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Air Arabia Abu Dhabi: Etihad Airways, Air Arabia partnering to set up Abu Dhabi’s first low-cost airline
- Air Arabia Abu Dhabi will be the first low-cost carrier based out of the UAE capital
- Etihad Aviation Group and Air Arabia announced on Wednesday an agreement to launch Air Arabia Abu Dhabi
- Sharjah-based Air Arabia already has hubs in other countries including Egypt and Morocco
- The partnership will serve Abu Dhabi’s tourism goals and contribute to the emirate’s economic growth
Dubai: Etihad Aviation Group and Air Arabia announced on Wednesday they have signed an agreement to launch Air Arabia Abu Dhabi, the first low-cost carrier based out of the UAE capital.
The two aviation companies will establish a joint venture that will operate as a budget airline based out of Abu Dhabi International Airport.
While Sharjah-based Air Arabia already has hubs in other countries including Egypt and Morocco, its presence in Abu Dhabi will be under a newly-created entity and not as an additional hub, Gulf News understands.
The board of directors of the joint venture will consist of members nominated by Etihad and Air Arabia, and the company will have an independent strategy and business mandate. The legal framework around the operation of the joint venture is yet to be established.
Tony Douglas, group chief executive officer of Etihad Aviation Group, said that the partnership will serve Abu Dhabi’s tourism goals and contribute to the emirate’s economic growth.
The two companies said in a joint statement that the new carrier will “complement Etihad Airways’ services from Abu Dhabi, and will cater to the growing low-cost travel market segment in the region.” No launch date for Air Arabia Abu Dhabi has been given, and details are yet to be announced on where the fleet and staff will come from.
Gulf News understands that passengers can expect an Air Arabia service, but from and to Abu Dhabi. Both Air Arabia and Etihad Airways will continue their operations as usual from their respective hubs.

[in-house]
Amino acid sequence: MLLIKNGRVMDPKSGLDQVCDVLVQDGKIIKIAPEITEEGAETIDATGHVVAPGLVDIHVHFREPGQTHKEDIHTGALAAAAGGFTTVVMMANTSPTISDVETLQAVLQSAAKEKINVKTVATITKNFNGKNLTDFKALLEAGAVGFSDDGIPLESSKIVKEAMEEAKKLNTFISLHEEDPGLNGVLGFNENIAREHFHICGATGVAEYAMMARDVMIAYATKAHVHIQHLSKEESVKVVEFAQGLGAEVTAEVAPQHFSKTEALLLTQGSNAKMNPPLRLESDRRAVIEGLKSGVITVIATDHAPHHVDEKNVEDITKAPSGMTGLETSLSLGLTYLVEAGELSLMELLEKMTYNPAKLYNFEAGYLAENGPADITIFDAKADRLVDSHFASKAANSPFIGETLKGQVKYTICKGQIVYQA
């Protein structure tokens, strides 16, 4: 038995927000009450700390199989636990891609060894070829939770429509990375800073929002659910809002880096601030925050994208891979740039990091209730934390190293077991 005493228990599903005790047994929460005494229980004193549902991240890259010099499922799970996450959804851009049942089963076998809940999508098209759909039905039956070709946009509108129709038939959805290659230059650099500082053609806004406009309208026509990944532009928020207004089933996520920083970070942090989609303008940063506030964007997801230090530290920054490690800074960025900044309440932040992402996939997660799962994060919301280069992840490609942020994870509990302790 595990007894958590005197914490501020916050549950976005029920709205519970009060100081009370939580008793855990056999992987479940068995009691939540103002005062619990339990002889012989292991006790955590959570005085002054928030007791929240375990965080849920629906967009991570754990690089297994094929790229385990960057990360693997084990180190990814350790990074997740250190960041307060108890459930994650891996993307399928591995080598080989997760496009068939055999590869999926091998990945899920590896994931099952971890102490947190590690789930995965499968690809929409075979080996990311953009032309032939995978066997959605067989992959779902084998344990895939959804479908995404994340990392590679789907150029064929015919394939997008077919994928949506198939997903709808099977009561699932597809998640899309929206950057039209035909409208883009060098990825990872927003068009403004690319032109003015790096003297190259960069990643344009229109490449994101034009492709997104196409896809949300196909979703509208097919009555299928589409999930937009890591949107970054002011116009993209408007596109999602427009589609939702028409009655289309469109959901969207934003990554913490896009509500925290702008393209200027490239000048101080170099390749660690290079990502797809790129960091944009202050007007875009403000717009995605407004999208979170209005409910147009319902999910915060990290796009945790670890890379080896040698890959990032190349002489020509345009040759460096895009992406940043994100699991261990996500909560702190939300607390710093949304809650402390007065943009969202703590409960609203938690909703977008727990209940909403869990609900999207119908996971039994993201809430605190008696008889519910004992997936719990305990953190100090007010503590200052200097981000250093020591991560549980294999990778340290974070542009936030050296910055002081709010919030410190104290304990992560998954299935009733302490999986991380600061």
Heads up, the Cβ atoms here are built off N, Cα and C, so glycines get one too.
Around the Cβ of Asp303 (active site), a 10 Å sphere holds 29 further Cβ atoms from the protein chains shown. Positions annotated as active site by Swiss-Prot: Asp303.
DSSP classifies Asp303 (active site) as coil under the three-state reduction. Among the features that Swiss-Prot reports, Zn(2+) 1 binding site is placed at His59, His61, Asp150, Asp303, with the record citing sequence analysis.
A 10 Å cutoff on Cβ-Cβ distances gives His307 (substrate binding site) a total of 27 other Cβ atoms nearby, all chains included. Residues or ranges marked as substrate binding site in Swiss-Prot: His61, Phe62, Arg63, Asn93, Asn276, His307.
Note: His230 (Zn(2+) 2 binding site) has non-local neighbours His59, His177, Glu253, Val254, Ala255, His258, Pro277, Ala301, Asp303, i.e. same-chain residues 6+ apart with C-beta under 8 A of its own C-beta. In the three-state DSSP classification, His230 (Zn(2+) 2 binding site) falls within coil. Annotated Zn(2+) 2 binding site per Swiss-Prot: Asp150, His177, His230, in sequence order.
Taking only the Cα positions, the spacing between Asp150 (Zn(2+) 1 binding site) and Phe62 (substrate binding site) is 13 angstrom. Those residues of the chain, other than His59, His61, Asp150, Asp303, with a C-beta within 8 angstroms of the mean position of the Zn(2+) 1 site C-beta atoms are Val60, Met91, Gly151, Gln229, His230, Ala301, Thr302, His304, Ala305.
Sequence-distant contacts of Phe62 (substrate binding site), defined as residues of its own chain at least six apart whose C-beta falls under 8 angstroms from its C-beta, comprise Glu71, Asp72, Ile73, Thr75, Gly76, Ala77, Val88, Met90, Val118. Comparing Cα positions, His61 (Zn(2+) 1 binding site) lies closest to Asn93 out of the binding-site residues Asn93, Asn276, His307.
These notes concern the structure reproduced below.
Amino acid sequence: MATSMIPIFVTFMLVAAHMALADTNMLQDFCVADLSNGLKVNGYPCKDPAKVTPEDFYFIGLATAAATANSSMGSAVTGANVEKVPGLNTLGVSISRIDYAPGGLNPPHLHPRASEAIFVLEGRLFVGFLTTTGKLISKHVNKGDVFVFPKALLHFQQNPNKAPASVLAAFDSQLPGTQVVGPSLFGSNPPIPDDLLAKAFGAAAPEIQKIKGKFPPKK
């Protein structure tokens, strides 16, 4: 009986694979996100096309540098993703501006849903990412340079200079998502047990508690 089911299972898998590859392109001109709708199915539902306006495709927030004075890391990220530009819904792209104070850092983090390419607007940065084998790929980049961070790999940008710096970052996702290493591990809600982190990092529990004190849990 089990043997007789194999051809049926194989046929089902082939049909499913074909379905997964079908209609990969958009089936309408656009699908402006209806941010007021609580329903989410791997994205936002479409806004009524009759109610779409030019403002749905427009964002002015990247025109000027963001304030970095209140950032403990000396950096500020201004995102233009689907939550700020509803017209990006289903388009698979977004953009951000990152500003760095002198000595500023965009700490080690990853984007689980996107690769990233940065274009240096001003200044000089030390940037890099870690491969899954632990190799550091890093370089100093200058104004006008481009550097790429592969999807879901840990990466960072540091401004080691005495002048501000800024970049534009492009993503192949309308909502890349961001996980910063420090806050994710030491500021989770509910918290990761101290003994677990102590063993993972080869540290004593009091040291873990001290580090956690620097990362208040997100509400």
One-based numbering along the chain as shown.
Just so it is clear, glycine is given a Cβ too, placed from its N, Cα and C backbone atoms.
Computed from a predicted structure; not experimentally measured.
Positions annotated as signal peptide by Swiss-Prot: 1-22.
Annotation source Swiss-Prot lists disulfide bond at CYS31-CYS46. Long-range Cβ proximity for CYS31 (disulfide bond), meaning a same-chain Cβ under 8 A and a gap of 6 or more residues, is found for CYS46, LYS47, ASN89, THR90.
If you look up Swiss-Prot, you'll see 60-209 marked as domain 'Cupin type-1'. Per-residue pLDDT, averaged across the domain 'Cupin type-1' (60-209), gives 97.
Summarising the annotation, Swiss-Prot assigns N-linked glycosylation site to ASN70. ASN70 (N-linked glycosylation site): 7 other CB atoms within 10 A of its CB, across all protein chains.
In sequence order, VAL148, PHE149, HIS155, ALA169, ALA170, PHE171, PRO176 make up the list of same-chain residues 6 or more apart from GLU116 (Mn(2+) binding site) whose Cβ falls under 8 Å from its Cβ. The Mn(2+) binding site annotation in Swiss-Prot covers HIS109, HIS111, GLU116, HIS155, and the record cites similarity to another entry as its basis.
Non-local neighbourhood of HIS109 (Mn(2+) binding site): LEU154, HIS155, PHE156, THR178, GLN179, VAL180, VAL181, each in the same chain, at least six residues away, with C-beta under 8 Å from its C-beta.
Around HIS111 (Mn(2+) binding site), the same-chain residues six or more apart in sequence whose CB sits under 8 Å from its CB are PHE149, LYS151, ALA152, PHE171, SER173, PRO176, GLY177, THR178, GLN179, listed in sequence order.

Already, the UAE has four local carriers (Emirates, Etihad, flydubai, and Air Arabia), two of which (flydubai and Air Arabia) are low-cost, and experts have long said the market may be overcrowded, considering the UAE’s population of under 10 million people.
In 2017, Emirates and flydubai announced a partnership that includes codeshare deals and schedule alignment. Speculation has also been rife about a merger between Emirates and Etihad, especially after Etihad reported its third consecutive year of losses in 2018. Both airlines have repeatedly denied any merger talks, though, instead saying that they are working closely on back office operations.
“With the emirate’s diverse attractions and hospitality offerings, travel and tourism play a vital role in the economic growth of the capital and the UAE. By partnering with Air Arabia and launching Abu Dhabi’s first low-cost carrier, we are serving this long-term vision,” Etihad’s Douglas said.
He added that Air Arabia Abu Dhabi is part of Etihad’s transformation programme, and will supplement its existing services. Etihad has been working to transform since 2017, appointing a new chief executive officer and cutting costs and certain routes. Still, the airline doesn’t expect to turn a profit until 2023, it said, as challenges continue.
Meanwhile, Adel Ali, chief executive officer of Air Arabia, said the new carrier will “further serve the growing low-cost travel segment locally and regionally.”
Air Arabia and Etihad said low-cost air travel has been rapidly growing in the Middle East and North Africa since it was first introduced in 2003. Low-cost carriers accounted for 17 per cent of seat capacity to and from the Middle East in 2018.
The overall aviation environment in the region – and globally – is still challenging, though. According to the latest report from the International Air Transport Association (Iata), growth in global demand remains below the long-term trend amid an uncertain economic environment.
In the Middle East, airlines saw passenger traffic pick up in August to 2.9 per cent, which is better than the average of the past 12 months but still far below the double-digit growth trend of recent years.